Officials celebrate opening of Rt. 926 bridge

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By Mike McGann, Editor, The Times

Various state and local officials cut the ribbon for the new Route 926 bridge. From left: State Rep. Carolyn Comitta (F-156), a local vet office mascot, Chester County Commissioner Chair Michelle Kichline, State Rep. Steve Barrar (R-160) and Unionville-Chadds Ford Superintendent of Schools John Sanville.

POCOPSON — More than 100 people showed up to celebrate the early opening of the new Route 926 bridge over the Brandywine Friday morning under bright, sunny skies — and a lot of praise for virtually everyone involved in the project.

The new bridge — which should be open for traffic by this evening — is a three span bridge, located at a higher elevation, to prevent flooding issues. Additionally, some 1,700 feet of roadway has been raised and a pair of small culverts in Birmingham were replaced by larger, arched culverts to improve water flow at flood stage. The old bridge was built originally in 1937 and rehabbed in 1974 — but in recent years due to structural deficiency, had seen its weight limit fall in recent years.

With school starting Monday, having the bridge open by this weekend will ease transportation issues for the first week of the school year — the original deadline was Sept. 1.

“The completion of this new bridge will help boost local economies and bring enormous benefits to thousands of motorists, cyclists and pedestrians on both sides of Brandywine Creek by providing safer and more reliable travel,” PennDOT Assistant District Executive for Construction George Dunheimer said.

Dunheimer gave credit to Clearwater Construction — the project contractor — for getting the job done well and early.

Pocopson Township Supervisor Elaine Di Monte noted how impressed she was with the professionalism of Clearwater and how well they interacted with both the township and local residents. Supervisors chair Ricki Stumpo noted there had been very few resident complaints about the project — which was completed in just eight months.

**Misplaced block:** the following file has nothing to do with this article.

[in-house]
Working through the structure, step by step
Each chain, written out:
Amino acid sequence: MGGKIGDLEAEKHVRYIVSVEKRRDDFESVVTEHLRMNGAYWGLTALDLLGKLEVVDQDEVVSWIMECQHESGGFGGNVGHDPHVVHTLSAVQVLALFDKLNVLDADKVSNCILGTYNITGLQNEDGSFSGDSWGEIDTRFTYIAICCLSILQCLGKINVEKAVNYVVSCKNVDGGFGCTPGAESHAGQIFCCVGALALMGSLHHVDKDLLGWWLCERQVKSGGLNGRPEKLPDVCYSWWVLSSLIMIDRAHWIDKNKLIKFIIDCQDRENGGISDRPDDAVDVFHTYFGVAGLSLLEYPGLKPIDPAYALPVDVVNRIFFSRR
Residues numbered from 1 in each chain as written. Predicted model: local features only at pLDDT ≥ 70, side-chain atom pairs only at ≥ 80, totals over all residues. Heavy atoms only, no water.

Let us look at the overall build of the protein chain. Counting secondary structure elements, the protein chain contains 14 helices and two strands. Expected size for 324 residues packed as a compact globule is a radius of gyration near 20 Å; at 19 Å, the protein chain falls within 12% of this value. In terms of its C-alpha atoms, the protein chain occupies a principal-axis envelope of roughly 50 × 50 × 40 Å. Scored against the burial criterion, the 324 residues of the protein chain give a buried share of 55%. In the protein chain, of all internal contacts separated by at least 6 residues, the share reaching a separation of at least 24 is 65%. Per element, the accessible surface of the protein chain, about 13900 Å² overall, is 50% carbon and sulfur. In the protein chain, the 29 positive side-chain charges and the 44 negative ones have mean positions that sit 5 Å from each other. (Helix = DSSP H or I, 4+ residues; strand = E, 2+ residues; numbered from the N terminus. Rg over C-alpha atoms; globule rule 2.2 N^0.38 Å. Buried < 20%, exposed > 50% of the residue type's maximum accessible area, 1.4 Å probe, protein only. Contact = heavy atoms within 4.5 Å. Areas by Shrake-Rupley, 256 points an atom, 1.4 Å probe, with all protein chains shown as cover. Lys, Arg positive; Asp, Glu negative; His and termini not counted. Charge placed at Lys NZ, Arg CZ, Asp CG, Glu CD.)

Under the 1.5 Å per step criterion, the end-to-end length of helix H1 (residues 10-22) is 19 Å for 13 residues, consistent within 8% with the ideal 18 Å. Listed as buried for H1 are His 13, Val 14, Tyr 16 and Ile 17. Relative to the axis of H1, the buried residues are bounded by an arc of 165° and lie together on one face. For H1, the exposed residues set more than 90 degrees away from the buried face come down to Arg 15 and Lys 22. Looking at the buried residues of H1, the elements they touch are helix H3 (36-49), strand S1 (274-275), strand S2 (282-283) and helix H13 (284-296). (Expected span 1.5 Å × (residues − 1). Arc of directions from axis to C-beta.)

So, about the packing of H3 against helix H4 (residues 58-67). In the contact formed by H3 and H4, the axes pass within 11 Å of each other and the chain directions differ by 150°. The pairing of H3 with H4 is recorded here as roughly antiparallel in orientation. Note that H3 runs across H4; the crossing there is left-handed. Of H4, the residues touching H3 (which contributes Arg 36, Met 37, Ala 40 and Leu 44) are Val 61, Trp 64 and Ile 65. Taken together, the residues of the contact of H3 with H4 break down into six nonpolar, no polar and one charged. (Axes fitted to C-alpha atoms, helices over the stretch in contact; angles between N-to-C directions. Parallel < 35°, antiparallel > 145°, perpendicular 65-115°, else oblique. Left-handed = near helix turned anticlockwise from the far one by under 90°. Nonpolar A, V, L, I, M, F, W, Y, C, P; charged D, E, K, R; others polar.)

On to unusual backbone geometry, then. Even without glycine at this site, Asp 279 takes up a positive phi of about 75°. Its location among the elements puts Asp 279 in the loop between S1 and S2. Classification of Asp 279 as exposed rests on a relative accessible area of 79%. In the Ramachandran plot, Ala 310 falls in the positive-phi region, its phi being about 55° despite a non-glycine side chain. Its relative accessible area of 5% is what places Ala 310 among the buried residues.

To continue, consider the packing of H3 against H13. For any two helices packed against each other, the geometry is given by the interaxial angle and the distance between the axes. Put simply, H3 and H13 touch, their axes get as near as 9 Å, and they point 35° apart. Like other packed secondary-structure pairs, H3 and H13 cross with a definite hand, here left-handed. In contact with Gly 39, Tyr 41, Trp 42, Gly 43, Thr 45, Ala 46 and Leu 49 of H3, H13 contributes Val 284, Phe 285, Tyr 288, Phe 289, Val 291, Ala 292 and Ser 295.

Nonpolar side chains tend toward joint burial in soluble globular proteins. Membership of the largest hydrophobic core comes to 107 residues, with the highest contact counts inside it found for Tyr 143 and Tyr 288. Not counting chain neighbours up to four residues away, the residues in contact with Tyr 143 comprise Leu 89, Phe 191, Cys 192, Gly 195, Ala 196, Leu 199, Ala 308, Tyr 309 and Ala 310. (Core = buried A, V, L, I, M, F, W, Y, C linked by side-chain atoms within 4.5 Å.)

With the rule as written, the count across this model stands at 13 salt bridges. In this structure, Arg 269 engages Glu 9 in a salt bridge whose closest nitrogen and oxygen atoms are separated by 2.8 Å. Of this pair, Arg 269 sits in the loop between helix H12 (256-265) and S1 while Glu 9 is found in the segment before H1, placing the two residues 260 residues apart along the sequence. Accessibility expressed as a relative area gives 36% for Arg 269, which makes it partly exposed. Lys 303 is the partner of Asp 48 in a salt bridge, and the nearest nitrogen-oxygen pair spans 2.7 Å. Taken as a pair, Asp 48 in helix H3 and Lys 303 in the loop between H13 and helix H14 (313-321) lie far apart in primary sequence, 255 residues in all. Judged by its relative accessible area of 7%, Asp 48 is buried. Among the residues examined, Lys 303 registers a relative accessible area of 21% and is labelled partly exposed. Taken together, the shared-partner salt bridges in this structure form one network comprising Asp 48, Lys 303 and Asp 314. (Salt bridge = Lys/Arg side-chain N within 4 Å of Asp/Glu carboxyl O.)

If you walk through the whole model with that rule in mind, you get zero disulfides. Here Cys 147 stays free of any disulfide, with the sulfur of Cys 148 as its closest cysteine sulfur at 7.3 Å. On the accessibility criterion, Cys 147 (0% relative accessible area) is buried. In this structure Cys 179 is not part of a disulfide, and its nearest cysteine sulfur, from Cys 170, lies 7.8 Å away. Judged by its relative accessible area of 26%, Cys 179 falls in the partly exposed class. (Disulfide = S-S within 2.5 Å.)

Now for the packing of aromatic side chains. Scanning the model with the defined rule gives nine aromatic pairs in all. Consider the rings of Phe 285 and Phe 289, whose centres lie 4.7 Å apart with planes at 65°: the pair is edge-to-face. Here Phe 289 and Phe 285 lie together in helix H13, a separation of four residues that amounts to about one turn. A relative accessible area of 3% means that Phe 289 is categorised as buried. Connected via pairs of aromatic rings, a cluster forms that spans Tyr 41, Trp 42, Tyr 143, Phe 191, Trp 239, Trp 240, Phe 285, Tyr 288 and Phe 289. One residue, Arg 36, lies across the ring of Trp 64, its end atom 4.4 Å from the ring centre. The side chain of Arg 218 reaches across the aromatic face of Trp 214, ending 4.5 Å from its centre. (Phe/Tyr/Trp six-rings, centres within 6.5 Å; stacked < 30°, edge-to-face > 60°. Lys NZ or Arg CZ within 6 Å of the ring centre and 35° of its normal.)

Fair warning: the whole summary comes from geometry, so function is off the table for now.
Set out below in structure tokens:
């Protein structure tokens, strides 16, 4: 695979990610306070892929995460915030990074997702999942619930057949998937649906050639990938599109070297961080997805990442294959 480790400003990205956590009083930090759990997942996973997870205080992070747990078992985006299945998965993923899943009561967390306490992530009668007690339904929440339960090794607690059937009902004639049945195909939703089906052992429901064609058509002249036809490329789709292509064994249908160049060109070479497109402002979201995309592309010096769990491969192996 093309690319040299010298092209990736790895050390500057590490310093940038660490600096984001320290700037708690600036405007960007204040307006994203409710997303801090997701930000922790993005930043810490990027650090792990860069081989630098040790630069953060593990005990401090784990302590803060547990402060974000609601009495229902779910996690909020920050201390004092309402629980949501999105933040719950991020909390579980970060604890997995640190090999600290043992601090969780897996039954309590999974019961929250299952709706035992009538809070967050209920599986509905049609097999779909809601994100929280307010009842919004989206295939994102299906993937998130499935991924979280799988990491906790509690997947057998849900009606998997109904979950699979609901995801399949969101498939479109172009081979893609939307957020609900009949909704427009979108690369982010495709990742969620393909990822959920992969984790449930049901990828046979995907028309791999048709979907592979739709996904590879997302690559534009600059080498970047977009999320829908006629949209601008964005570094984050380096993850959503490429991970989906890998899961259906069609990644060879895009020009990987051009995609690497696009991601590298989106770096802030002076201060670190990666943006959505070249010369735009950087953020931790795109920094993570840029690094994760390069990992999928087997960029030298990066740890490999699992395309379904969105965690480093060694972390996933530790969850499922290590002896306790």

That shorter timeline came when area residents — in part pushed by Unionville-Chadds Ford Superintendent of Schools John Sanville — objected to the previous plan for it to take 18 to 24 months to complete the work. State Rep. Steve Barrar (R-160) — who had worked to get the bridge replaced since 2002 — said his office was inundated with emails pushing for a shorter build time. When Barrar passed on the some 500 emails, PennDOT listened and proposed a new, much shorter build time with penalties for construction running late.

Barrar credited PennDOT and Clearwater for how smoothly the project went – comparing it another PennDOT project Barrar has spent more than a decade pushing for: the widening and rebuilding of US 322 in Concord and south. 

“I pray to God that the 322 project goes as smoothly as this one,” he said.

State Rep. Carolyn Comitta (D-156) who represents the Birmingham side of the bridge, called the new span “beautiful” and expressed excitement that so many local residents had come out to see the new bridge and celebrate its opening. She noted one thing she has learned since taking office in January: PennDOT gets a bad rap sometimes.

“PennDOT really is on the cutting edge of technology to better serve the people,” she said.

Chester County Commissioners Chair Michelle Kichline echoed Comitta’s suggestion that the new bridge is “beautiful” — noting that it well suits its placement, with the design’s emphasis aesthetics and function.

“The community should be really proud of this bridge,” she said.

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